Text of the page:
# Algebraic expression for triangles within polygons

• elementbrdr
In summary: The Attempt at a Solution Treating vertices of polygons as possible outcomes from which 3 are chosen: Sample space S = nC3. I can't figure out how to express the number of outcomes within event E={number of triangles sharing at least one side with polygon}. My way of thinking about it is that values in E will be all combinations that contain at least a pair of consecutive numbers (which, since they represent vertices of the polgon, constitute a side of both the polygon and the triangle). Unfortunately, I can't come up with a way to express this algebraically. It may not even be the right approach.
elementbrdr

## Homework Statement

If a polygon has n>=4 sides, what is the probability, in terms of n, that a triangle made up of vertices of the polygon shares at least one side with the polygon.

## The Attempt at a Solution

Treating vertices of polygons as possible outcomes from which 3 are chosen: Sample space S = nC3. I can't figure out how to express the number of outcomes within event E={number of triangles sharing at least one side with polygon}. My way of thinking about it is that values in E will be all combinations that contain at least a pair of consecutive numbers (which, since they represent vertices of the polgon, constitute a side of both the polygon and the triangle). Unfortunately, I can't come up with a way to express this algebraically. It may not even be the right approach.

I think you are on the right track. nC3 appears to the number of unique triangles that can be constructed.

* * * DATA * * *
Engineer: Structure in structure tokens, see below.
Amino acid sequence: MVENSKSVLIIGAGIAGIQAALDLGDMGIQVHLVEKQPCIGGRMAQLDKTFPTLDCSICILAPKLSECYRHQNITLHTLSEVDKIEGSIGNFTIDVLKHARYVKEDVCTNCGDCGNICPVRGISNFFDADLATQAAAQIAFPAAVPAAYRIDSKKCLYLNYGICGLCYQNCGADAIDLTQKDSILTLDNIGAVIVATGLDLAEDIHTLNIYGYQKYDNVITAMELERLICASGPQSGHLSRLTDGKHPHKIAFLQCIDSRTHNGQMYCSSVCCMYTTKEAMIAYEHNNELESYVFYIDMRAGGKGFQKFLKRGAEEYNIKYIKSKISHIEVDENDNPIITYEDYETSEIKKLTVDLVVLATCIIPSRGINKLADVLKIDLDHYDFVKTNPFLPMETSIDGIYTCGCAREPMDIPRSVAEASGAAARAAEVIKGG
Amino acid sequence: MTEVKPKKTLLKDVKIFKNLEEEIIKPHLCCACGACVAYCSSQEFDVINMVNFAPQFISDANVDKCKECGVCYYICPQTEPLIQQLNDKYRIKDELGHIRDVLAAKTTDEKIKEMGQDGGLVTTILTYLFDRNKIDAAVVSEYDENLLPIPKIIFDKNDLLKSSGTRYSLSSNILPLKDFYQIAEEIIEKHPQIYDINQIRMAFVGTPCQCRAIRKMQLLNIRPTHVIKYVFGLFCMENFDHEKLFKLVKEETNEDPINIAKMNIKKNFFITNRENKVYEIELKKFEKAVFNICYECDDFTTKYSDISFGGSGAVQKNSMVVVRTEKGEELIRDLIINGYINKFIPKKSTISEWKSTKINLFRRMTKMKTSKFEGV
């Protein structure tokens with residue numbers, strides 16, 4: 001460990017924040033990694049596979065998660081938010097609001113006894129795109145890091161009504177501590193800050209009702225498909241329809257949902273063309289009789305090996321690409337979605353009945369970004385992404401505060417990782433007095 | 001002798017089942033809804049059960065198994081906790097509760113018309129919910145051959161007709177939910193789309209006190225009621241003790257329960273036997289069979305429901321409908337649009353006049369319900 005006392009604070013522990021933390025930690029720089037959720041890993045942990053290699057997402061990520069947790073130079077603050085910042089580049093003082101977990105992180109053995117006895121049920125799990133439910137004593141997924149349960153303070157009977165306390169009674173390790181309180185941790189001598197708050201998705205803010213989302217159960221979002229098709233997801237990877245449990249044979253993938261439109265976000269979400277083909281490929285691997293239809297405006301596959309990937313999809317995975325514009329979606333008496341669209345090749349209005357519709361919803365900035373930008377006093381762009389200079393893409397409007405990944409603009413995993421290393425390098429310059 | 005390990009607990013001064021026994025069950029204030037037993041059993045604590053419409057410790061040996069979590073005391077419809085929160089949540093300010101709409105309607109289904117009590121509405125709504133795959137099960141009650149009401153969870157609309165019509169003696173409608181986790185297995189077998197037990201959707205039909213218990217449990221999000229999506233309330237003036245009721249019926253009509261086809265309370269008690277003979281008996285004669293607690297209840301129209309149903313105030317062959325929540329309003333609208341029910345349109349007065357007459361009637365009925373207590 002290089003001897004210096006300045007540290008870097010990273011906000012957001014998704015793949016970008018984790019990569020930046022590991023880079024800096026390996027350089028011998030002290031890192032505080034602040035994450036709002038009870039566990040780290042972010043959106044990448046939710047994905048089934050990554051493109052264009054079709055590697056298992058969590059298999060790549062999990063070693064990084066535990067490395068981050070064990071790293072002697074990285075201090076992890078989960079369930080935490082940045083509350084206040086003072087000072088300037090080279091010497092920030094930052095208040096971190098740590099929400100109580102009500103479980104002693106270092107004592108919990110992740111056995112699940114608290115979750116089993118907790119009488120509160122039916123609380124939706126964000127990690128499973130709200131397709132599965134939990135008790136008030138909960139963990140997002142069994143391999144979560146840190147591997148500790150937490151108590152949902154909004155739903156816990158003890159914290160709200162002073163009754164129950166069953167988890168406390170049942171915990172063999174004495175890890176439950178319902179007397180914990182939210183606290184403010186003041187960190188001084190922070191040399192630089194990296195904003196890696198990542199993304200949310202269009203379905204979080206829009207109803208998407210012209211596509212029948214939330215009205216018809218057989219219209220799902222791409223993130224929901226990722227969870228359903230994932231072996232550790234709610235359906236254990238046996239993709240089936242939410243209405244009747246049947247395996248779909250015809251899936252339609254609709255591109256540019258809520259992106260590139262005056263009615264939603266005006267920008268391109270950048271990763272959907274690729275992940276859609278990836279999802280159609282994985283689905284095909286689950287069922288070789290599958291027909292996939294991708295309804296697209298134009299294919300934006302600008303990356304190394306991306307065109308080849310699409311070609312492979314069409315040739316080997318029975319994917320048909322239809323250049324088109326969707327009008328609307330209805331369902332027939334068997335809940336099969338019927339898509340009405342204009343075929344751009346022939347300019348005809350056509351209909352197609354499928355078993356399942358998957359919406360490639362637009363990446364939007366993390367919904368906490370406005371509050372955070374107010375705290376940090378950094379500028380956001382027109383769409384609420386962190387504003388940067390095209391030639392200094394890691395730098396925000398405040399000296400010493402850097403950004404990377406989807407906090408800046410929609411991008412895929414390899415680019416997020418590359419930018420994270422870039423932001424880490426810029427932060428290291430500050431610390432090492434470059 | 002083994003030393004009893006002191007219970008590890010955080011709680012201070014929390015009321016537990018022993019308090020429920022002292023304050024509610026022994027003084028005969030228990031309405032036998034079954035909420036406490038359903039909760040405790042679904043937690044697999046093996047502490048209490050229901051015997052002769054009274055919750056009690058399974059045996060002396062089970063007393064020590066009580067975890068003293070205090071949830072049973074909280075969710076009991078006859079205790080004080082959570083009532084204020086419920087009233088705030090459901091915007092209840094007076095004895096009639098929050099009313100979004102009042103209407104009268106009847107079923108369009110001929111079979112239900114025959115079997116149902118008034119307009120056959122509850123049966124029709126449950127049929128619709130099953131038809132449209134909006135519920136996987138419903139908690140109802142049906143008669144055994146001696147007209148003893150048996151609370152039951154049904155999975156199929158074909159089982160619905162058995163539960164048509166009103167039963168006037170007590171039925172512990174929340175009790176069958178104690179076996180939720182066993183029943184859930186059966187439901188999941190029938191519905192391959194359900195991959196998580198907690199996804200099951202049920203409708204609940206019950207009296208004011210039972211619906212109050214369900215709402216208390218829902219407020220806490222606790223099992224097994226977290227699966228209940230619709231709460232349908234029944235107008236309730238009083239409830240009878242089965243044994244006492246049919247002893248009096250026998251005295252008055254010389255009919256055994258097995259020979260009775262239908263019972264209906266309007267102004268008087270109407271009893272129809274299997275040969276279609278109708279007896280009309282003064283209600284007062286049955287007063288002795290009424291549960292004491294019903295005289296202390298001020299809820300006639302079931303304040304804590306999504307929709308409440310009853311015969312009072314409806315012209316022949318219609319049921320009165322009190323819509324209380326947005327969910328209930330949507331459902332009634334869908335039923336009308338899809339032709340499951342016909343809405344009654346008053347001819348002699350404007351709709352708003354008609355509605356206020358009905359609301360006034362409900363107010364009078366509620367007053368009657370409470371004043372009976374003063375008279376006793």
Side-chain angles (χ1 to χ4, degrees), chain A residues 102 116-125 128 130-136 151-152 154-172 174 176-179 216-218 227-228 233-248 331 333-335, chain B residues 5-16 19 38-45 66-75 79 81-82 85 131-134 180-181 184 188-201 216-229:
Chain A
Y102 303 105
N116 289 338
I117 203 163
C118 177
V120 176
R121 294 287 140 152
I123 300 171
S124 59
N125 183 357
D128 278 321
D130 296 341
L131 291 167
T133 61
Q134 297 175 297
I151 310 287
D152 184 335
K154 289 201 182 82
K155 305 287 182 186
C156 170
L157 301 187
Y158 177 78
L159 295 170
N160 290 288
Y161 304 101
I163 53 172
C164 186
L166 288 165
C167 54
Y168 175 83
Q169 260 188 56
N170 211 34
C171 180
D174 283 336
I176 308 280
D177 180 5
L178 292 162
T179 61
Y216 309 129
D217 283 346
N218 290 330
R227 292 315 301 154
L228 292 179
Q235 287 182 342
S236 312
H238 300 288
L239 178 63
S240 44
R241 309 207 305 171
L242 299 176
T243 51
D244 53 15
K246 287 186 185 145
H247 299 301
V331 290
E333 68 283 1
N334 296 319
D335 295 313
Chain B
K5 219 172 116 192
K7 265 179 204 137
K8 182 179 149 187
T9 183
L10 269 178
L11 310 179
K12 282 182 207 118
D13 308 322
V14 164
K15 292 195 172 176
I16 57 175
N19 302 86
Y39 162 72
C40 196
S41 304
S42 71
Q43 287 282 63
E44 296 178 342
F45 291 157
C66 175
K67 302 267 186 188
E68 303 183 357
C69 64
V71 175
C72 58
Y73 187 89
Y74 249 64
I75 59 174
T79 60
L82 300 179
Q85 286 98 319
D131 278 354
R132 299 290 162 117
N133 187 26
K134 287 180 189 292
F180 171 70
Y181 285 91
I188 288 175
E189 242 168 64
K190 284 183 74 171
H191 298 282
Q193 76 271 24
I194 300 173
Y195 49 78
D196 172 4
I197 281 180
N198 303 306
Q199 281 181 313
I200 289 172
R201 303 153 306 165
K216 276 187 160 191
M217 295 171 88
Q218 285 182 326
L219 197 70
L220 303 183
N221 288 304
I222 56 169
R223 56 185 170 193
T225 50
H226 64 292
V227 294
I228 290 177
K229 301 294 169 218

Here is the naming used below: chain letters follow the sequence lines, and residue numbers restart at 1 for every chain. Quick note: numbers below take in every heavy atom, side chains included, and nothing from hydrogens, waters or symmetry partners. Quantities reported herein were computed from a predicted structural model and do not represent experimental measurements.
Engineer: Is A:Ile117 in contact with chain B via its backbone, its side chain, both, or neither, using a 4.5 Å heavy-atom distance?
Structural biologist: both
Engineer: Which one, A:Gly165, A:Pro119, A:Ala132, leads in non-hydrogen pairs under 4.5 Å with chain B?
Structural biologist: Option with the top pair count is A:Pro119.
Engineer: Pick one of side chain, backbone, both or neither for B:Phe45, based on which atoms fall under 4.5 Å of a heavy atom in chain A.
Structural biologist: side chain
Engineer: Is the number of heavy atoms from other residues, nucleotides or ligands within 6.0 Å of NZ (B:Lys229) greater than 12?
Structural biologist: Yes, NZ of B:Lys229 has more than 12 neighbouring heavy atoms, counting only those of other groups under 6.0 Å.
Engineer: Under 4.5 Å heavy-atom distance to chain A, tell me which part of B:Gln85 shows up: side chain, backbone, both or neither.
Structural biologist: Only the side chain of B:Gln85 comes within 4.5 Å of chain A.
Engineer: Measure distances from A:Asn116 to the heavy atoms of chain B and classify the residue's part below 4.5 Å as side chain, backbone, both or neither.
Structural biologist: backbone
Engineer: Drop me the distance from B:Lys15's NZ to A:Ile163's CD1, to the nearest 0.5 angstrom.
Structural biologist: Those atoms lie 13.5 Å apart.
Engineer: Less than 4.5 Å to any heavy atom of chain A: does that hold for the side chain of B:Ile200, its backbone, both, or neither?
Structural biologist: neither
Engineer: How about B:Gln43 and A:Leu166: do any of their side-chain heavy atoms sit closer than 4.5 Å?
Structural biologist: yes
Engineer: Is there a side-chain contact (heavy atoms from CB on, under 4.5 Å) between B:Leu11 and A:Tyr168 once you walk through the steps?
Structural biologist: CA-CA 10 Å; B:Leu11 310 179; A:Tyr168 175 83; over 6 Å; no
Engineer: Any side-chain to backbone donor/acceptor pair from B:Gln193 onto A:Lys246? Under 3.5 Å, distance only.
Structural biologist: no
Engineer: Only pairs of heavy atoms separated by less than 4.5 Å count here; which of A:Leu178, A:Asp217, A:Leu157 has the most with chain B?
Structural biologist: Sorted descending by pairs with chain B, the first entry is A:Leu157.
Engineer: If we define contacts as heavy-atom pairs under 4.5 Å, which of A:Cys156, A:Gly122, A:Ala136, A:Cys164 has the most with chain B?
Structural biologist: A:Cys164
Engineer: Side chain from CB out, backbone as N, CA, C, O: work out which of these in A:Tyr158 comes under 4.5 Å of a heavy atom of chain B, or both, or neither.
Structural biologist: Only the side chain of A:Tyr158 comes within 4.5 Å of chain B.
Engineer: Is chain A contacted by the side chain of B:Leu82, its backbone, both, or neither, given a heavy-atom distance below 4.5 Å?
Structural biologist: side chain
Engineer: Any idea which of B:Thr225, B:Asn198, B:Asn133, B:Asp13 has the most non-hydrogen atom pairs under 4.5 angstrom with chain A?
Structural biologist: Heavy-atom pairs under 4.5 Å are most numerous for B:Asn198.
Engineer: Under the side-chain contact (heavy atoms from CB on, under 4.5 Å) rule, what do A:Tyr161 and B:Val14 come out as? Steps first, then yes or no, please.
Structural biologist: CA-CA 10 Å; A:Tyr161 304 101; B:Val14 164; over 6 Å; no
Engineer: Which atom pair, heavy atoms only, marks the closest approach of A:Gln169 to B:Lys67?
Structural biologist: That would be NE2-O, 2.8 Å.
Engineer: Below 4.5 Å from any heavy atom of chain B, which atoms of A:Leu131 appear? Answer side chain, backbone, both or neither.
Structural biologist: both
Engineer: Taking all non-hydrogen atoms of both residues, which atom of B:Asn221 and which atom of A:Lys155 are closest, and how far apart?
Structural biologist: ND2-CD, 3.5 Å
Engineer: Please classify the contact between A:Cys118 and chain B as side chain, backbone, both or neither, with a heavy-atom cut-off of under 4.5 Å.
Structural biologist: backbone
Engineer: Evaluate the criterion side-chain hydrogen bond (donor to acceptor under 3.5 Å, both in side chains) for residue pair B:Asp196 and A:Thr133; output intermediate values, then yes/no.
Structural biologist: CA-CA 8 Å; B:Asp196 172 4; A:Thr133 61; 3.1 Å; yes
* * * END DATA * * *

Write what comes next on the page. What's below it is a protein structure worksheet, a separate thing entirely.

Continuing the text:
When it comes to determining those which share no common side ...

consider any particular side, and you can immediately rule out two of the remaining points for vertices of your triangle because a line drawn to those would be common to the polygon. Sketching a few polygons might help with generalising the formula.

Last edited:
Here are my thoughts using your suggested strategy:

The number of unique triangles sharing no common edge with polygon = n(n-3)(n-?). This is because there are n possible polygon vertices to choose for the first triangle vertex. The next triangle vertex cannot be the first vertex (-1) and cannot be an adjacent vertex (-2). The final vertex cannot be the first or second vertex (-2) and cannot be adjacent to either. At first glance I thought this would rule out 4 additional vertices, but that is wrong because vertices that are adjacent to two vertices selected for a triangle should only be counted once. So I can't see how to finish counting unique triangles using this strategy.

Another way of doing it is to take the union of the following events: (1) the triangle shares exactly 1 common side with the polygon and (2) the triangle shares exactly 2 common sides with the polygon. (1) can be expressed as n(n-4) because there are n sides that could be common, but 2 vertices have already been used for that side and the two polygon vertices adjacent to the selected side will be counted by event (2). Event (2) can be expressed as 2n because there are n sides of the polygon that can be used for the common side, and then there are 2 remaining vertices of the polygon that can complete the triangle. So you get 2n+n(n-4) = n(n-2). I guess you also get the same result by just taking n(n-2) to reflect using a side of the polygon for the first two vertices and then any vertex of the polygon except those contained in the selected side to complete the triangle. Either way, that results in n(n-2) / nC3